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Factors Influencing the Voltage Decay Rates of High-Temperature Polymer Electrolyte Membrane Fuel Cells

Journal of The Electrochemical Society

The voltage decay rates of two membrane electrode assemblies (MEAs) for high-temperature proton exchange membrane fuel cells were analyzed to investigate the causes of their degradation. The two MEAs were operated at a current density of 0.3 A cm-2 for 11,000 h at 150 °C, and I?V measurements were taken weekly for MEA 1 and daily for MEA 2. Initially, both MEAs showed a gradual voltage decay with decay rates under 8 mV h-1. The voltage decay rate in the gradual decay region was determined from the changes in the oxygen reduction reaction resistance in the cathode layer. In the later stages of operation, the voltage decay rates became exponential with respect to time, and the average rates increased in magnitude, yielding values over 30 mV h-1. The increase in the ohmic resistance of the membrane and proton transport resistance in the catalyst layer became the main factors in the later stages of cell operation. MEA 2, which was exposed to a daily high potential, showed an exponential decay sooner than MEA 1. The transition to exponential decay led to a rapid decay of the cell voltage and eventual MEA failure.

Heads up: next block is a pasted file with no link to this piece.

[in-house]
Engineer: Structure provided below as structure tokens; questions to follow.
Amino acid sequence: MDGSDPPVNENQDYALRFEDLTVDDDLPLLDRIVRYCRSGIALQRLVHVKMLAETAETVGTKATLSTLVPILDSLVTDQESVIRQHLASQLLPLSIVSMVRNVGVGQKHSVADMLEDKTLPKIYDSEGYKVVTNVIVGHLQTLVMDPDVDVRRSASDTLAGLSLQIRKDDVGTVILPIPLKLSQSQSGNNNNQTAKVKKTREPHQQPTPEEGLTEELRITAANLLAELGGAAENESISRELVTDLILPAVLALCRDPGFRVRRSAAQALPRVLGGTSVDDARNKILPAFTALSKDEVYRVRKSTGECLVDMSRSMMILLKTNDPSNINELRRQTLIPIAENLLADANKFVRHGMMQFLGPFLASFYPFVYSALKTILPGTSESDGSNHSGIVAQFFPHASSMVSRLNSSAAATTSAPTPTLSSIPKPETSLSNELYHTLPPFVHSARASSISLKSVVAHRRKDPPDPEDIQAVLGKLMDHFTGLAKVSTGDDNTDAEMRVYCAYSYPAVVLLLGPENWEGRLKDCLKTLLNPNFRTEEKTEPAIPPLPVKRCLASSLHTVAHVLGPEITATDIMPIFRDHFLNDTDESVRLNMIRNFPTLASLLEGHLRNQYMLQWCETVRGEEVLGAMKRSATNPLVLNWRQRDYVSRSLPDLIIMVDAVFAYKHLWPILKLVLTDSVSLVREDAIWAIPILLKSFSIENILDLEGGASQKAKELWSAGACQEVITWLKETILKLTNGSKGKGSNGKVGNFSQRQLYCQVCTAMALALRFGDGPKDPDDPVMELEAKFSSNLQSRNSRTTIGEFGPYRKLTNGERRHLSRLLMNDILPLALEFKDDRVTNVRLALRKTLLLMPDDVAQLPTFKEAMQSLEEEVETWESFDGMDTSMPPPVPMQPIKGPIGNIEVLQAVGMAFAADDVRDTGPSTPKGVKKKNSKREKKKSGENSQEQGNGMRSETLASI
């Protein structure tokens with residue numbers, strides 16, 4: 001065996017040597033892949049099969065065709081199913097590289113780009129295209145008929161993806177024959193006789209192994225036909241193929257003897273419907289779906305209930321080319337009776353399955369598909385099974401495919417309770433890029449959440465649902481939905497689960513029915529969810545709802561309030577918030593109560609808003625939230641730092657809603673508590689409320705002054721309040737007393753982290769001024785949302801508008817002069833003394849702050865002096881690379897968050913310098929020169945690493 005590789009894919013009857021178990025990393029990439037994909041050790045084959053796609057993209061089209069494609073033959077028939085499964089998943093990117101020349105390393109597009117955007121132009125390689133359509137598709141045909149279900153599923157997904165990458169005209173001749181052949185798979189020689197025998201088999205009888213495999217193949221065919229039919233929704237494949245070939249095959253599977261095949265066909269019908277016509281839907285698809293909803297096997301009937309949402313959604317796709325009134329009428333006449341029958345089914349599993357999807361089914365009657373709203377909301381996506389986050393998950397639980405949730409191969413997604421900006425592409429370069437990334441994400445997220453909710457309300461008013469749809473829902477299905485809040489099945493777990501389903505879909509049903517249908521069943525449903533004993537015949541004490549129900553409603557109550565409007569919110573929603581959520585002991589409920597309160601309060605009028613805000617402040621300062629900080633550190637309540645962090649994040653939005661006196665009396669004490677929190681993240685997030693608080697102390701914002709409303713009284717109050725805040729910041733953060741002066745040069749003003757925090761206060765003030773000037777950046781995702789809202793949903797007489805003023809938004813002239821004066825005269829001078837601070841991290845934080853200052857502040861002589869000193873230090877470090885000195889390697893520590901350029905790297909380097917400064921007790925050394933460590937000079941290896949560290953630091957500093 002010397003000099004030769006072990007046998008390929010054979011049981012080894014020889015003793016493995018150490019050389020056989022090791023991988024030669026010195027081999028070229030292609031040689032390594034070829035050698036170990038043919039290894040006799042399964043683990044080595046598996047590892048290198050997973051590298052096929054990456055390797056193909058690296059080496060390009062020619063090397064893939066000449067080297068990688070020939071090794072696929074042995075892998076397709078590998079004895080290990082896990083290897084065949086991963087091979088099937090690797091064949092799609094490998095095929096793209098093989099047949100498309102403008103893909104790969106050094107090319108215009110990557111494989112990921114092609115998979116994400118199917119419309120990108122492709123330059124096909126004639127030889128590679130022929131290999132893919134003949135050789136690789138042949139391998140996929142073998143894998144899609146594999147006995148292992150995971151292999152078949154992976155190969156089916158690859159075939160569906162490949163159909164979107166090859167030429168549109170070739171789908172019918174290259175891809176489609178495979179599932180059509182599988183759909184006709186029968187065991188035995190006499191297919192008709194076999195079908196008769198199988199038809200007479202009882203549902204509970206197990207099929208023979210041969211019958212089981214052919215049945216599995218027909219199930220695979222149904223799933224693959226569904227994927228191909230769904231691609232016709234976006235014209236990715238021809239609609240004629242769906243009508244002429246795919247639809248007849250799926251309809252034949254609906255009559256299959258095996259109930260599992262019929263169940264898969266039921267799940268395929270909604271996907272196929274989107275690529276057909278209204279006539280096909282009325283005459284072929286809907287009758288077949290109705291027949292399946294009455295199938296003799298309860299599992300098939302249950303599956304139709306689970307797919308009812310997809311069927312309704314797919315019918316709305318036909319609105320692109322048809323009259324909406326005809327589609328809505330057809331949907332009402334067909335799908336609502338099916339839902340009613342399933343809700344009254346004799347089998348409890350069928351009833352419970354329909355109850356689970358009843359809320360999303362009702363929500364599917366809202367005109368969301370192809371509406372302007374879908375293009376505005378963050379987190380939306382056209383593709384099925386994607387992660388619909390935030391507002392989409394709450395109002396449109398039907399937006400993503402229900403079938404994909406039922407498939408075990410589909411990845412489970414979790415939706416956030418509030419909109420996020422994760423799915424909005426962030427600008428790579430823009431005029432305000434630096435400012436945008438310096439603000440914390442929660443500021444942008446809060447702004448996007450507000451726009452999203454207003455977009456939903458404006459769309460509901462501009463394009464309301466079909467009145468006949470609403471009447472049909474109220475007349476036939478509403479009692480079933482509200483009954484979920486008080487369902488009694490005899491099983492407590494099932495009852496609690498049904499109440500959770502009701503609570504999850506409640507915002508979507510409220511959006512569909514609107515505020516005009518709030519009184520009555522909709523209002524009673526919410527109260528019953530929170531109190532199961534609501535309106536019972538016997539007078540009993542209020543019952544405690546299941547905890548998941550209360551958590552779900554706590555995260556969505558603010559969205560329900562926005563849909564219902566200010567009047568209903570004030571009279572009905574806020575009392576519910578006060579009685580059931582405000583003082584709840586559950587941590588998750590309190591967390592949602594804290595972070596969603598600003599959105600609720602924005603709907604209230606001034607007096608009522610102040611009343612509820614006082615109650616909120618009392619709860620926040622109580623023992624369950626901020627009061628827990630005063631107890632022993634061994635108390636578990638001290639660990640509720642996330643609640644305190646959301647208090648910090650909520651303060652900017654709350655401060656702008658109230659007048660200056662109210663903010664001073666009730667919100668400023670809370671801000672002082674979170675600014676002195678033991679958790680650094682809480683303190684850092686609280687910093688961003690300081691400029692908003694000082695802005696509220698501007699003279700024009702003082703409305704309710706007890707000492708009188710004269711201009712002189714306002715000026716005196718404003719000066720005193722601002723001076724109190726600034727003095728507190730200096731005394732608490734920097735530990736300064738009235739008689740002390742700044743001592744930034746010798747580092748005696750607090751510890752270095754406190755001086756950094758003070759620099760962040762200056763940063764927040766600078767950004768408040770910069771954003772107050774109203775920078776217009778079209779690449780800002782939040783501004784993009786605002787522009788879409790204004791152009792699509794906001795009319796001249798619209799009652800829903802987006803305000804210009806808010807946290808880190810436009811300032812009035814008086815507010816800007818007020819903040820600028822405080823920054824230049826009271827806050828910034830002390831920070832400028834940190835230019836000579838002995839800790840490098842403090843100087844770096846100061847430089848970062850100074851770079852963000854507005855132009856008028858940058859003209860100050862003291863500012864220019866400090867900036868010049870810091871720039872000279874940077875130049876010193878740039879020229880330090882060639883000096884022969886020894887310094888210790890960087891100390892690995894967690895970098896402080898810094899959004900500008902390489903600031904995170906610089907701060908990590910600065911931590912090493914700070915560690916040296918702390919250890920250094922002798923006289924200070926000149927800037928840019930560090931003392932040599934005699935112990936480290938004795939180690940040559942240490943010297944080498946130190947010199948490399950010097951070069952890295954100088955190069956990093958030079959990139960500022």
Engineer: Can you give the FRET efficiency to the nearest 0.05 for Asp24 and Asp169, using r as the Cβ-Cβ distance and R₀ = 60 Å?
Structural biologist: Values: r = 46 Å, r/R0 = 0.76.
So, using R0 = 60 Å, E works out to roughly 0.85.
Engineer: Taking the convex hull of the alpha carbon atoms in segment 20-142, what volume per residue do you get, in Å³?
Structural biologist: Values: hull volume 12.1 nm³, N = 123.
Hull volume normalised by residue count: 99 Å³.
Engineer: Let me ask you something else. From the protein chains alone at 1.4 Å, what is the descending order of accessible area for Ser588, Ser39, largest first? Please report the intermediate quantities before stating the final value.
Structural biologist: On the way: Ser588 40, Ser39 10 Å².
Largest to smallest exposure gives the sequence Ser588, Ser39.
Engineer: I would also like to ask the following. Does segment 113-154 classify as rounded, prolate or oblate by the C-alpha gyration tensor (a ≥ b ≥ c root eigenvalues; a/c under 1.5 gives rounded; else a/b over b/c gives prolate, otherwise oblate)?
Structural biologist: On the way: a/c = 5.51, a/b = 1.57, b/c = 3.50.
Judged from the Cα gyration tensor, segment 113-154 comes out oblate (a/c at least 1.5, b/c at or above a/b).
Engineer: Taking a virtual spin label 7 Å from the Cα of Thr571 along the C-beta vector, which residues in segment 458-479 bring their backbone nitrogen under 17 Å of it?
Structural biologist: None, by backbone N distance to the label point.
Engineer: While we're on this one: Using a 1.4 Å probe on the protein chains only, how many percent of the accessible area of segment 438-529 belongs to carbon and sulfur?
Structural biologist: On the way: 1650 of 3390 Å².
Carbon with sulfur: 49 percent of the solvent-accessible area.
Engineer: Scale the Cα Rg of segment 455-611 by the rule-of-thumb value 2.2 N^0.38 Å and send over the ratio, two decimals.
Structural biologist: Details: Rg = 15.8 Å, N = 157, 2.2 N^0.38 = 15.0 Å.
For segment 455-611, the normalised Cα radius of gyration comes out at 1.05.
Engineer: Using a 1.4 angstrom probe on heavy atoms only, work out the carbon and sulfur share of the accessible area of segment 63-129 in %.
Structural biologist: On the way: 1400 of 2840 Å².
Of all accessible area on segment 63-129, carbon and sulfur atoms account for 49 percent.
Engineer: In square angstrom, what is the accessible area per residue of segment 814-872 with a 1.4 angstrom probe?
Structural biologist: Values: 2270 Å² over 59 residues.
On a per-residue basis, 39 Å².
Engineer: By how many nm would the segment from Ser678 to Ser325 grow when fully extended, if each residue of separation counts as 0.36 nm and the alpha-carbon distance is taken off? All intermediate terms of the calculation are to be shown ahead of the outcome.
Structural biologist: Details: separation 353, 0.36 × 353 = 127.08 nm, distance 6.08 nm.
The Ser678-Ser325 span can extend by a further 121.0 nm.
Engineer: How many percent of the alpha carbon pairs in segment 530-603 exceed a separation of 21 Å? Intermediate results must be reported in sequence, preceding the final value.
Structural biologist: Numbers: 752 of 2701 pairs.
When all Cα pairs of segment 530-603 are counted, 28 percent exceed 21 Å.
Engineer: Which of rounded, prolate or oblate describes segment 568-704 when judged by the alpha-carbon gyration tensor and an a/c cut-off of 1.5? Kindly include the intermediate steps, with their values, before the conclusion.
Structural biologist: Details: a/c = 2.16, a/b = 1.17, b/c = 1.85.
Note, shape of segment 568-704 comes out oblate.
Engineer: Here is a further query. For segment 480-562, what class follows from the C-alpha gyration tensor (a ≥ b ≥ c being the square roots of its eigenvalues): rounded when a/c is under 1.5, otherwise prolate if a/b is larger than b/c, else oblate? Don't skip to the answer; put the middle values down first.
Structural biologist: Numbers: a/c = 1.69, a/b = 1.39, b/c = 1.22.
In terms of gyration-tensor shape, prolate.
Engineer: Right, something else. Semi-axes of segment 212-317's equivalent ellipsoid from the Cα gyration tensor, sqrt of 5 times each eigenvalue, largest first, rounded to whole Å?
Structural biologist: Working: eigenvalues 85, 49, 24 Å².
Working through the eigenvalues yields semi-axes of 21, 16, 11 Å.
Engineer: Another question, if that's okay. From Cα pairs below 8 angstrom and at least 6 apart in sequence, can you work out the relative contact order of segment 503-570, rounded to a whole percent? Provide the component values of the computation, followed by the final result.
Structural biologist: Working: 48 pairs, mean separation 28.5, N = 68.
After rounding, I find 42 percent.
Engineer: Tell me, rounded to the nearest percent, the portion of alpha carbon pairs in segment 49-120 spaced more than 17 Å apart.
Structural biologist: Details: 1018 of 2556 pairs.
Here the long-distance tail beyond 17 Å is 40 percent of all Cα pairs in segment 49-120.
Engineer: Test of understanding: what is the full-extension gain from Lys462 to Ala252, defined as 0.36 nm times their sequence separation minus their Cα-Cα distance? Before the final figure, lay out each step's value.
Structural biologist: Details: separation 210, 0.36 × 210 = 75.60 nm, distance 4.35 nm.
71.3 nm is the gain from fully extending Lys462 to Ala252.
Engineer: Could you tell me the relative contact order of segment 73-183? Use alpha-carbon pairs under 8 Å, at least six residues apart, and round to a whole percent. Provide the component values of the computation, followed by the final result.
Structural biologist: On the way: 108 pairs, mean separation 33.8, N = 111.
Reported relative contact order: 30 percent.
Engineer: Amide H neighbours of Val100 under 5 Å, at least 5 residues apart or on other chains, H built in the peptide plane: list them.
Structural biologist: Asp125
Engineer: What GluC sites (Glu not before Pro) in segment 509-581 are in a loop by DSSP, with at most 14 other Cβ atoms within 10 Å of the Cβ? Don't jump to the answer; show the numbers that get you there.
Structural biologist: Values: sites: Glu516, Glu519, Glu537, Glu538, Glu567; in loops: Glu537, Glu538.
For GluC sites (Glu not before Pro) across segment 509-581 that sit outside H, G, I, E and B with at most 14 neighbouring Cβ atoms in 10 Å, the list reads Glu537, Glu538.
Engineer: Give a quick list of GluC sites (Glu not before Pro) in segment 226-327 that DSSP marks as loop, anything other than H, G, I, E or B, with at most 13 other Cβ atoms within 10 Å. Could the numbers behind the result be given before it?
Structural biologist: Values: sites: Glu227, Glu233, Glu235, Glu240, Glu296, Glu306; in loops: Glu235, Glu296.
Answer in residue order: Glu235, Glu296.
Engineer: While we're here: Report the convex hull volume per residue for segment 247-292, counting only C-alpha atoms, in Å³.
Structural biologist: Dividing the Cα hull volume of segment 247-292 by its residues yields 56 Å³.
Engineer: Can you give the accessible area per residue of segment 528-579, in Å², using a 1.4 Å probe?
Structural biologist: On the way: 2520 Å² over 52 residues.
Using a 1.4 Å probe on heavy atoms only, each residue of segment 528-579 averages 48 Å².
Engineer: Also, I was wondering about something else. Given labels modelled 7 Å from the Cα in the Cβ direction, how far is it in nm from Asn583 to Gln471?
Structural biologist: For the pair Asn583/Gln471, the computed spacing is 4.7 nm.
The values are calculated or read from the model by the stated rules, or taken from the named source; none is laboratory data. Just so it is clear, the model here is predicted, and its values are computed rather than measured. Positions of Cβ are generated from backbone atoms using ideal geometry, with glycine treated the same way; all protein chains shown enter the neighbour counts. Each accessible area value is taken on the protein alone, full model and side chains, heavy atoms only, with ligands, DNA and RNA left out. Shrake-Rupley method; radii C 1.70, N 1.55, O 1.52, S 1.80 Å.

Journal of The Electrochemical Society, 2021 168 034514